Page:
Skip to content

    When Joint Replacement May Not Help

    Joint replacement may not be a good idea if you have these problems.

    • Infection. "The number one reason to avoid a joint replacement is recent infection anywhere in the body," says Nayfeh. That infection could spread to the area of the joint immediately after surgery or months later, causing serious problems -- including joint problems and further surgery.
    • Other health problems. Anyone with a history of heart attacks or strokes or with currently uncontrolled diabetes may be at increased risk for complications. People who are very obese may need to lose weight before getting a joint replacement.
    • Uncertain cause of pain. Your surgeon must be certain that the pain you feel is really caused by joint damage and that replacing the joint will help. "People can have pain that feels like joint pain, but the scans don't seem to show damage in the joint," says Nayfeh. There are lots of reasons for severe pain in the knee or hip -- such as nerve damage -- but a joint replacement won't help with them.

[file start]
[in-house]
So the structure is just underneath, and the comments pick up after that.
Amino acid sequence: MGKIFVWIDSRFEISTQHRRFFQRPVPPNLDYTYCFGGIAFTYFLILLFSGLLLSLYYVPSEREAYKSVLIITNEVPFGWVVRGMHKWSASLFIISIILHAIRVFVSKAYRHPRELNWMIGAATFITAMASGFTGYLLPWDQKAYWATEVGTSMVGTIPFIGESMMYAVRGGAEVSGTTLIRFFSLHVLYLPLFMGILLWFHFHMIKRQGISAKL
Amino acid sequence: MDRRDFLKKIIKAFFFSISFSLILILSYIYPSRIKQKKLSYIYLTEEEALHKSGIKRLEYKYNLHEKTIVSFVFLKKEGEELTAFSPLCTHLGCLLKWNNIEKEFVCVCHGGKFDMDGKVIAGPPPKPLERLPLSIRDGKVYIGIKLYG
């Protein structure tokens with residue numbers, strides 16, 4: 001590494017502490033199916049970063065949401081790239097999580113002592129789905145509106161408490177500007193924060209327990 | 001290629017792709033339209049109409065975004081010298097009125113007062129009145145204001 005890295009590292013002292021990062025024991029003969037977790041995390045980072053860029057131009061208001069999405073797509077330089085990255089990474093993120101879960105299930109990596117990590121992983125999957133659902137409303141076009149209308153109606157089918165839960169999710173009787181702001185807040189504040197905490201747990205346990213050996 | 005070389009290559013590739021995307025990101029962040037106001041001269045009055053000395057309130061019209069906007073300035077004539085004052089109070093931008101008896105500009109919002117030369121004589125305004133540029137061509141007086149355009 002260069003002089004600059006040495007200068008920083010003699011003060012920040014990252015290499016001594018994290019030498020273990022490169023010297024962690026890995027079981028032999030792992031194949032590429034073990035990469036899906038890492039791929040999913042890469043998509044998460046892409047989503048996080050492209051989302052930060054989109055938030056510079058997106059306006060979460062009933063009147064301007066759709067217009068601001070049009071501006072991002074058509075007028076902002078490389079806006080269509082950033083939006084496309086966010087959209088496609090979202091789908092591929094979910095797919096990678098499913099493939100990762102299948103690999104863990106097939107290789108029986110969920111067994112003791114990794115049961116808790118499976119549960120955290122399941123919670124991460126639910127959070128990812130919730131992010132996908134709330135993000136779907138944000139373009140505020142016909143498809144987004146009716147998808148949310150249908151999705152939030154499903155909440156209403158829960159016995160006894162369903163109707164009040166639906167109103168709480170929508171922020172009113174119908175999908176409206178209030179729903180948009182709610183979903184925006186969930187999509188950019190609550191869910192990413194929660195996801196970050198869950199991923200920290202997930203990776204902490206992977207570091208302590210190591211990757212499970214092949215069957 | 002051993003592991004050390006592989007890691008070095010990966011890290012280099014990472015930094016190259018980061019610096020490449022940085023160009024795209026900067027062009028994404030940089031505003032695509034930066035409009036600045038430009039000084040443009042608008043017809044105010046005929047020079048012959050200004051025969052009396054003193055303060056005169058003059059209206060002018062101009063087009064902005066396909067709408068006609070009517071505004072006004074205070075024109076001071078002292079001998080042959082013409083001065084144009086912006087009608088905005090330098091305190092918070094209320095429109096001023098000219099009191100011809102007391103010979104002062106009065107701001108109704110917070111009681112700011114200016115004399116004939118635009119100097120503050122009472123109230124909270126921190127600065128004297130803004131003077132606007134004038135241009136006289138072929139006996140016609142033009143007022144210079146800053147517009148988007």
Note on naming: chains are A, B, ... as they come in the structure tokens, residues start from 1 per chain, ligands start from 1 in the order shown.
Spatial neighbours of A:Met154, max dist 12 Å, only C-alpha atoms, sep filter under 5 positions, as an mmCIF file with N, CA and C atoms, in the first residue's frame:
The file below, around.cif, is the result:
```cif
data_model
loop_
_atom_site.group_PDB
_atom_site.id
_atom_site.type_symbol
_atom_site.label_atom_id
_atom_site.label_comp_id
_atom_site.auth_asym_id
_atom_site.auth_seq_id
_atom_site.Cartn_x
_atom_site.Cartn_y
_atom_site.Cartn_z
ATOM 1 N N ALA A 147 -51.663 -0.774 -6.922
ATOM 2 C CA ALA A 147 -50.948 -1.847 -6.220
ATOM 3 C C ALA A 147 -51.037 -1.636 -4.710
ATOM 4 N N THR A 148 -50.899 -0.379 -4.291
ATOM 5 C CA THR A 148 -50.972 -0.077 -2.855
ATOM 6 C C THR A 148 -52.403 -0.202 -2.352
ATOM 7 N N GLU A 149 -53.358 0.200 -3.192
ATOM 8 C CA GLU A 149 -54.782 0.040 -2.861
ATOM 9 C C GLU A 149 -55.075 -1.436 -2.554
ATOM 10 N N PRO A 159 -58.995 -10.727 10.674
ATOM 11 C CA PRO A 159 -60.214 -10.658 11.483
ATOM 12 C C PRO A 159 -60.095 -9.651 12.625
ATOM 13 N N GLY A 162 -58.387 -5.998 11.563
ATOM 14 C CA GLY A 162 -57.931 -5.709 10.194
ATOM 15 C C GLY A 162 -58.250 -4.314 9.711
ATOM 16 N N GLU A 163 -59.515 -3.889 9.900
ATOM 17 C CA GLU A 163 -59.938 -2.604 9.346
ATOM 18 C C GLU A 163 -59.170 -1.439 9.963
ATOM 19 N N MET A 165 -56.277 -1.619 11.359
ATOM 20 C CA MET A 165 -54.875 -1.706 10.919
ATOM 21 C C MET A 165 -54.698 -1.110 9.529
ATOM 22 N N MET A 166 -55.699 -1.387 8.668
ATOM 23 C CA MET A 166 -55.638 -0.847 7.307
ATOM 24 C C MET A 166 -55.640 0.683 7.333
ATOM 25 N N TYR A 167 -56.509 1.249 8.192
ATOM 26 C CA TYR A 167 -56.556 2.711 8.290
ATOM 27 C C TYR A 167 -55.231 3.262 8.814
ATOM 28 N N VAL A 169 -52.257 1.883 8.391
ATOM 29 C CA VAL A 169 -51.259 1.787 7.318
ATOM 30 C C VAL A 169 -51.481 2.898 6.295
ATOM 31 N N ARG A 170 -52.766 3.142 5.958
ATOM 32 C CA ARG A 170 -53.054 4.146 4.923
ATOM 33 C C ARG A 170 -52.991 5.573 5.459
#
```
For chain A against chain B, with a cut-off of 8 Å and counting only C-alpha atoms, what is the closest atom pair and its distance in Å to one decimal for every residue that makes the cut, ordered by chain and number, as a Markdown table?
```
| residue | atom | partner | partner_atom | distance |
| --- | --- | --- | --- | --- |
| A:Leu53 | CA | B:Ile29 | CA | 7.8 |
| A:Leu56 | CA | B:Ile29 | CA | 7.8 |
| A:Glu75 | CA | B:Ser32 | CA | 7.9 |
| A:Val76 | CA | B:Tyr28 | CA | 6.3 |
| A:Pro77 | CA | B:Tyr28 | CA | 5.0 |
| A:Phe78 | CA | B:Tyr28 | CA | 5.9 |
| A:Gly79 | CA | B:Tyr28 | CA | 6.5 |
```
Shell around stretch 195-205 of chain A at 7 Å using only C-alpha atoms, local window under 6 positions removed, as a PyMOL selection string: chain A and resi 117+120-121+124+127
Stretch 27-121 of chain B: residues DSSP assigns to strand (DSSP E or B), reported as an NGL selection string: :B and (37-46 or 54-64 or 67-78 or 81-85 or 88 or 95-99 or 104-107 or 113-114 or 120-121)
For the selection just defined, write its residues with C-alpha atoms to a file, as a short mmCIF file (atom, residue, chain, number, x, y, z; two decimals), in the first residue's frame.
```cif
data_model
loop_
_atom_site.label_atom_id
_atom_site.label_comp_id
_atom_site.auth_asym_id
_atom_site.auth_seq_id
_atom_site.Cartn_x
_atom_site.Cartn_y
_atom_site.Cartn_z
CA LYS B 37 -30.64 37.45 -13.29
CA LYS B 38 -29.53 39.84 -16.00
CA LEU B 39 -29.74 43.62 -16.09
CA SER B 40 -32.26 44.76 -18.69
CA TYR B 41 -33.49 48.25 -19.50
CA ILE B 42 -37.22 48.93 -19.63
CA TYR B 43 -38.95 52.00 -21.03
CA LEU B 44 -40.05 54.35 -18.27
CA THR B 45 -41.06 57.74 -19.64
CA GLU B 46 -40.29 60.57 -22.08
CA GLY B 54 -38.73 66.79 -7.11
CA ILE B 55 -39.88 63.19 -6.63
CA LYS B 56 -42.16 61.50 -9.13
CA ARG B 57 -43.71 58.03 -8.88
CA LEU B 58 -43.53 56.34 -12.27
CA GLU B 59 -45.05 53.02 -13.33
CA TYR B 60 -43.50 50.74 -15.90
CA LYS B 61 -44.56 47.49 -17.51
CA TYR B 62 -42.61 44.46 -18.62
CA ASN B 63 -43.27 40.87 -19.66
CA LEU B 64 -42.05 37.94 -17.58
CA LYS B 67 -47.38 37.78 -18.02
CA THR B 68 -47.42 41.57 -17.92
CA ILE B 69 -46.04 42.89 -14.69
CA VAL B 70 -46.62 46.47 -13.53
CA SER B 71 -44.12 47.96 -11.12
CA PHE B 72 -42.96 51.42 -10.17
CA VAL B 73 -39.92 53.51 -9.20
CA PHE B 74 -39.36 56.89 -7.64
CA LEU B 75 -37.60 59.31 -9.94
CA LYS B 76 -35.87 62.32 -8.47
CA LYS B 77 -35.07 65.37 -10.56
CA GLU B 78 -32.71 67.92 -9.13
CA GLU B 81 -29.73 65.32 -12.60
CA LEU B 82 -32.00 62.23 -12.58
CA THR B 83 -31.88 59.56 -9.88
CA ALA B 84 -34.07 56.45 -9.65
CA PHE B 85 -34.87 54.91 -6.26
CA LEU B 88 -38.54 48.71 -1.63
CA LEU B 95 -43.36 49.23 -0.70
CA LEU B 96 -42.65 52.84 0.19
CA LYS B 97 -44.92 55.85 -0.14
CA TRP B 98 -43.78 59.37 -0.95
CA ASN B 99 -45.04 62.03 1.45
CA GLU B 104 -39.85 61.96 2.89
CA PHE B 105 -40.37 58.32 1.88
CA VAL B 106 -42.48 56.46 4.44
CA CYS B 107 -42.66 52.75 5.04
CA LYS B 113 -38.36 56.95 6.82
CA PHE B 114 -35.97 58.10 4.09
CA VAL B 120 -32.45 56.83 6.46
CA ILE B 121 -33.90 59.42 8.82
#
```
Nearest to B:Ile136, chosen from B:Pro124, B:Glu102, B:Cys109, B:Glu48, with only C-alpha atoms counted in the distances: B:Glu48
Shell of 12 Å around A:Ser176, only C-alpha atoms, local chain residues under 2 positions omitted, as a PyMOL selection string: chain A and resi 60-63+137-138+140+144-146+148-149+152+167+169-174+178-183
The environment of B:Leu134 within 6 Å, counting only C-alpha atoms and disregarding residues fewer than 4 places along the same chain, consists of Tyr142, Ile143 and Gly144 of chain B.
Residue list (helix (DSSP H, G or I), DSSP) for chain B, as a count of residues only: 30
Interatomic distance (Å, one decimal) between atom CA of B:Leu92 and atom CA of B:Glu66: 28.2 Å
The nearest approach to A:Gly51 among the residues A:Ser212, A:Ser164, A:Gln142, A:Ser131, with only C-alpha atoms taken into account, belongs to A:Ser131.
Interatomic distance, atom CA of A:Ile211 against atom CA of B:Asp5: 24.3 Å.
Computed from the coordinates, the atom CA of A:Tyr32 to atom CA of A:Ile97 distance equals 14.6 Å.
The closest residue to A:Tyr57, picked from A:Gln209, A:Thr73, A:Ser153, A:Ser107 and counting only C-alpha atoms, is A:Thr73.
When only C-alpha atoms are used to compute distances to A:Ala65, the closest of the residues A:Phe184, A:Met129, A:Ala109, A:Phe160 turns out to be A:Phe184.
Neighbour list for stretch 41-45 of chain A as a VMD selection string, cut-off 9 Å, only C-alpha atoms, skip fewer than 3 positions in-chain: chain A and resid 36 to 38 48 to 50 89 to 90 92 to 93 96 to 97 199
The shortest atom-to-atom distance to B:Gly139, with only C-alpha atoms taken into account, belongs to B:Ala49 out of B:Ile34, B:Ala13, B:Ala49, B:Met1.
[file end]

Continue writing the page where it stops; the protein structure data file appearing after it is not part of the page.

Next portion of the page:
• Pain when at rest but not when walking. "Joint replacements are well established for treating pain that gets worse when walking," says Nayfeh. "But people who only have pain while at rest seem less likely to benefit."

    Joint Replacement: Things to Consider

    Even if you meet the requirements for joint replacement surgery, here are three key questions to ask yourself.

    • Could more conservative treatment work? Joint replacement is a common, effective, and relatively safe procedure. But it does have risks and full recovery takes months. Make sure that you've tried all of the nonsurgical treatments available first.
    • Do you have help at home? It may be difficult to recover from joint surgery alone. For at least a few weeks, you'll likely need some assistance getting dressed, preparing food, changing your bandages, and moving around. If you don't have family or close friends who can help, see if there's a rehab facility where you could recover.
    • Are you committed to making changes? For a good result with joint replacement surgery, you need to commit yourself to hard work in the months before and the months after surgery. You may need to improve your lifestyle, eat healthier, quit smoking, lose weight, and exercise more.